Apple juice is a fruit juice made by the maceration and pressing of apples. The resulting expelled juice may be further treated by enzymatic and centrifugal clarification to remove the starch and pectin, which holds fine particulate in suspension, and then pasteurized for packaging in glass, metal or aseptic processing system containers, or further treated by dehydration processes to a concentrate. Due to the complex and costly equipment required to extract and clarify juice from apples in large volume, apple juice is normally commercially produced. In the United States, unfiltered fresh apple juice is made by smaller operations in areas of high apple production, in the form of unclarified apple cider. Apple juice is one of the most common fruit juices in the world, with world production led by China, Poland, the United States, and Germany.

— Freebase

Intestinal juice

Intestinal juice

Intestinal juice refers to the clear to pale yellow watery secretions from the glands lining the small intestine walls. Secretion is stimulated by the mechanical pressure of partly digested food in the intestine. Its function is to complete the process begun by pancreatic juice; the enzyme trypsin exists in pancreatic juice in the inactive form trypsinogen, it is activated by the intestinal enterokinase in intestinal juice. Trypsin can then activate other protease enzymes and catalyze the reaction pro-colipase → colipase. Colipase is necessary, along with Bile Salts, to enable Lipase function. Intestinal juice also contains hormones, digestive enzymes, mucus, substances to neutralize hydrochloric acid coming from the stomach and erepsin which further digests polypeptides into amino acids, completing protein digestion. Intestinal juice secrete by penath cell. These are present in crypts of leiberkuhn. In it secretion digestive enzymes. brunner's gland od ileum is also secrete intestinal juice.

— Freebase

Chinch

Chinch

a bug (Blissus leucopterus), which, in the United States, is very destructive to grass, wheat, and other grains; -- also called chiniz, chinch bug, chink bug. It resembles the bedbug in its disgusting odor

— Webster Dictionary

Orange juice

Orange juice

Orange juice refers to the juice of oranges. It is made by squeezing the fresh fruit, by drying and later rehydrating the juice, or by concentration of the juice and later adding water to the concentrate. It is known for its health benefits, particularly its high concentration of vitamin C. It comes in several different varieties, including blood orange. In American English, the slang term O.J. may also be used to refer to orange juice. Due to the importance of oranges to the economy of the state of Florida, "the juice obtained from mature oranges of the species Citrus sinensis and hybrids thereof" was adopted as the official beverage of Florida in 1967.

— Freebase

Bug

Bug

bug, n. an object of terror.—ns. Big-bug (slang), an aristocrat; Bug′aboo, a bogy, or object of terror; Bug′bear, an object of terror, generally imaginary.—adj. causing fright. [M. E. bugge, prob. W. bwg, a hobgoblin.]

— Chambers 20th Century Dictionary

Bed bug

Bed bug

Bed bugs are parasitic insects of the cimicid family that feed exclusively on blood. The term most commonly refers to members of the genus Cimex of which Cimex lectularius, the common bed bug, is the best known as it prefers to feed on human blood although other Cimex species are specialized to other animals, e.g., bat bugs, C. pipistrelli, C. pilosellus, and C. adjunctus. The name of the "bed bug" is derived from the preferred habitat of Cimex lectularius: warm houses and especially nearby or inside of beds and bedding or other sleep areas. Bed bugs are mainly active at night, but are not exclusively nocturnal. They usually feed on their hosts without being noticed. A number of adverse health effects may result from bed bug bites, including skin rashes, psychological effects, and allergic symptoms. Diagnosis involves both finding bed bugs and the occurrence of compatible symptoms. Bed bugs have been known as human parasites for thousands of years. At a point in the early 1940s, they were mostly eradicated in the developed world, but have increased in prevalence since 1995. Because infestation of human habitats has been on the increase, bed bug bites and related conditions have been on the rise as well.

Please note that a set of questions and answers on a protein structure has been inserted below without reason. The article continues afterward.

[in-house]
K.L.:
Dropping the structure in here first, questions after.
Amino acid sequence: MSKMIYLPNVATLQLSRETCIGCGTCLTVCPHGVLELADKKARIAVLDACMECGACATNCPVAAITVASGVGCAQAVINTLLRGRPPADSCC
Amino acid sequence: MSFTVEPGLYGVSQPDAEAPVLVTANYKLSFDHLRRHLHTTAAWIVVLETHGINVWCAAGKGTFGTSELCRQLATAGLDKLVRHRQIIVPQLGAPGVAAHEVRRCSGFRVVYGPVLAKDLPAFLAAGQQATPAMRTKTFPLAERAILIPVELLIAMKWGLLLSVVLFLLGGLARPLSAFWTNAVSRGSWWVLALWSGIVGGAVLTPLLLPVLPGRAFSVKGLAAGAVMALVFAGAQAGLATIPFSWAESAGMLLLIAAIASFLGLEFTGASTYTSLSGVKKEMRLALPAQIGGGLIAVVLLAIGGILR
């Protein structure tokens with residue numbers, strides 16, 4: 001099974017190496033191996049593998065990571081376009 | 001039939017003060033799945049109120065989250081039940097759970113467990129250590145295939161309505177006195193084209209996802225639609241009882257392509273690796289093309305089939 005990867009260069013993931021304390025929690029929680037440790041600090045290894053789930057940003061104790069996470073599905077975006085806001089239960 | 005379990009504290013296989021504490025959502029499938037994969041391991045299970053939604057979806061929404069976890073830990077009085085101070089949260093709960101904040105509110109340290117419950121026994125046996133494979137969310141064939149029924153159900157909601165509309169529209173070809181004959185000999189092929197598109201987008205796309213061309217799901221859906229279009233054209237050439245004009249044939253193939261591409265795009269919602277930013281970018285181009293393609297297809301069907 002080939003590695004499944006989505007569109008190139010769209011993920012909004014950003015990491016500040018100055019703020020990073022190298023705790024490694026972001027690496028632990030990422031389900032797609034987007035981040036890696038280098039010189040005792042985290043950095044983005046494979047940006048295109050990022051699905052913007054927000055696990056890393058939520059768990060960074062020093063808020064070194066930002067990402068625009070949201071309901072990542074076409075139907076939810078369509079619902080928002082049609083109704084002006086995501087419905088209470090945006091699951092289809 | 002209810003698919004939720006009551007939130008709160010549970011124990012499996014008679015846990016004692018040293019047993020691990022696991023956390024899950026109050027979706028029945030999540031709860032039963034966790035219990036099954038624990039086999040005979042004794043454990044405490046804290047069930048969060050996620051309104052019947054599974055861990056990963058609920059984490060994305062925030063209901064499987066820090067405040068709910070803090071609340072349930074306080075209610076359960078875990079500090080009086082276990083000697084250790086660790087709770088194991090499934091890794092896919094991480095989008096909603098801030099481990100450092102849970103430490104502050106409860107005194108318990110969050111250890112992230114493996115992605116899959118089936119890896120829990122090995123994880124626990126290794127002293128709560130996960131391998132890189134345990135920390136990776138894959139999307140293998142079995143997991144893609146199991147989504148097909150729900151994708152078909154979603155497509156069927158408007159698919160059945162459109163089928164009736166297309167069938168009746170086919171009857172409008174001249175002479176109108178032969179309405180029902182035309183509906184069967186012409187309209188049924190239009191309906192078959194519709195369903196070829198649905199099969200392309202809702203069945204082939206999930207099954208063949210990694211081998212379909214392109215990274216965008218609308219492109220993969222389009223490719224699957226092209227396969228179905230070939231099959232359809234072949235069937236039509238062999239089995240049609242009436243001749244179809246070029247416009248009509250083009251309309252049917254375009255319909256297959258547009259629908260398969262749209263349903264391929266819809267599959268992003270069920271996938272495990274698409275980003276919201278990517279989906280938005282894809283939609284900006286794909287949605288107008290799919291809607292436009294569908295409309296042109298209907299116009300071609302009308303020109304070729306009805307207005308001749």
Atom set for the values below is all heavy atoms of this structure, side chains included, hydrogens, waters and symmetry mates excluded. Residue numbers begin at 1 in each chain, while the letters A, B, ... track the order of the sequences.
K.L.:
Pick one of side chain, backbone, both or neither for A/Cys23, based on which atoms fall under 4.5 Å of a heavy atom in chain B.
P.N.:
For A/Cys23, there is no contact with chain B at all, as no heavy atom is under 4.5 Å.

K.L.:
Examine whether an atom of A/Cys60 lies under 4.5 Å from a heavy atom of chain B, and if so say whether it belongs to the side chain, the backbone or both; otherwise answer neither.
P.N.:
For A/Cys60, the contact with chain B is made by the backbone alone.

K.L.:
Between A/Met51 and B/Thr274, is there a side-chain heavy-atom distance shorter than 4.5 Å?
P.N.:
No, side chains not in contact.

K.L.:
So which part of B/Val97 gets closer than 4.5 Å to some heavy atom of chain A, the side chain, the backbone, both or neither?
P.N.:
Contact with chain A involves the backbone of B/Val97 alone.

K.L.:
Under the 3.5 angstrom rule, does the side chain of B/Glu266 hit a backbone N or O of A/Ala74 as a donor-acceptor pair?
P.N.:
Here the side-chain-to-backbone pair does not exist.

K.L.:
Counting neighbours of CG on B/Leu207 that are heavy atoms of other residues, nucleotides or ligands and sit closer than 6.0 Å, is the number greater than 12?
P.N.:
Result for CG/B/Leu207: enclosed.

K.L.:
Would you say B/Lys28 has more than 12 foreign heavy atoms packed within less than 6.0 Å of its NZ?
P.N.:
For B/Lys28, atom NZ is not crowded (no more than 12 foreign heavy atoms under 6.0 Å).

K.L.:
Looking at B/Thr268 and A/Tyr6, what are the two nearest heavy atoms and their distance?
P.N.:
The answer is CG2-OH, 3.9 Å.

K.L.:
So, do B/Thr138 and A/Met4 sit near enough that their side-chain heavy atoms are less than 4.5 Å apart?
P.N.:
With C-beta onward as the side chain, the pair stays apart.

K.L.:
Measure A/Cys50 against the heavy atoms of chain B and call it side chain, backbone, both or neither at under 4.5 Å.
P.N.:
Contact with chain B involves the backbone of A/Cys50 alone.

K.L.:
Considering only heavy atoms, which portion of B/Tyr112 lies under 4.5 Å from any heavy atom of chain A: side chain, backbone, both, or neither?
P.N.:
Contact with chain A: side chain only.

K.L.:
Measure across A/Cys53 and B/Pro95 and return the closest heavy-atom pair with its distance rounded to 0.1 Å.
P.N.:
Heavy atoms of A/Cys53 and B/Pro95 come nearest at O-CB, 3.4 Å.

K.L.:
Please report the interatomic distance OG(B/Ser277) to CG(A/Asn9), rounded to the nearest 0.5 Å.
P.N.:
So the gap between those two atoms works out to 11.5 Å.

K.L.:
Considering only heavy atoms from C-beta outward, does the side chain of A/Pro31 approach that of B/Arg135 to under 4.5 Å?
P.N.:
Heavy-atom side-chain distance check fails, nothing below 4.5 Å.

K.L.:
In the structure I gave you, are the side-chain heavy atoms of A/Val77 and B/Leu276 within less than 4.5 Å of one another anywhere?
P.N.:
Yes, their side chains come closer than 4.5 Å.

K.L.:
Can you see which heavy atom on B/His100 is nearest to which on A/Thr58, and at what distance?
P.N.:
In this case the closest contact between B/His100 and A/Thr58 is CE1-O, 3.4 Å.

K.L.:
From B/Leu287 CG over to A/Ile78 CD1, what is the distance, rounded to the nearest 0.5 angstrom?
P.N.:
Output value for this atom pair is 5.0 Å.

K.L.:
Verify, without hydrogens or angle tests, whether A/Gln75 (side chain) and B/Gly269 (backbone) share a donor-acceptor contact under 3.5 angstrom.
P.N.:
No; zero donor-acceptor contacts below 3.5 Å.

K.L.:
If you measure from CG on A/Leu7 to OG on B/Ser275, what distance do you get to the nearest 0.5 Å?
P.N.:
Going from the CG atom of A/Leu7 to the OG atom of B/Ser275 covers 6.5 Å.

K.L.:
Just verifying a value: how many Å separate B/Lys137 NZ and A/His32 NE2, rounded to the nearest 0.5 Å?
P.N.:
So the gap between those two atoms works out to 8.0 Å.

— Freebase

Kill screen

Kill screen

A kill screen is a stage or level in a video game that stops the player's progress due to a programming error or design oversight. Rather than "ending" in a traditional sense, the game will crash, freeze, or behave so erratically that further play is extremely hard or even impossible. Video games, like any other computer software, can suffer from a software bug. A bug in a video game is not automatically a kill screen; to be one, the bug must occur consistently in the same point in the game and must preclude any further play. While almost any type of bug could cause this sort of behavior, the most common cause is simple oversights on the part of the game's programmers such as an integer overflow of the level counter. Kill screens were much more common during the Golden Age of Arcade Games. Games from this era were often written with the assumption that the player would stop playing long before the numerical limits of the game code were reached; most games from this period were intended to continue until the players lost all of their lives. Additionally, the limited hardware of these early machines often meant that programmers could not spend processor power on logical checks of the game state.

— Freebase

Stale pointer bug

Stale pointer bug

A stale pointer bug, otherwise known as an aliasing bug, is a class of subtle programming errors that can arise in code that does dynamic memory allocation, especially via the malloc function or equivalent. If several pointers address a given hunk of storage, it may happen that the storage is freed or reallocated through one alias and then referenced through another, which may lead to subtle lossage depending on the state and the allocation history of the malloc arena. This bug can be avoided by never creating aliases for allocated memory, by controlling the dynamic scope of references to the storage so that none can remain when it is freed, or by use of a garbage collector, in the form of an intelligent memory-allocation library or as provided by higher-level languages, such as Lisp. The term "aliasing bug" is nowadays associated with C programming, but it was already in use in a very similar sense in the ALGOL 60 and Fortran programming language communities in the 1960s.

— Freebase

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Quiz

Are you a human thesaurus?

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Which of the following terms is not a synonym of "shopsoiled"?
  • A. hackneyed
  • B. well-worn
  • C. new
  • D. commonplace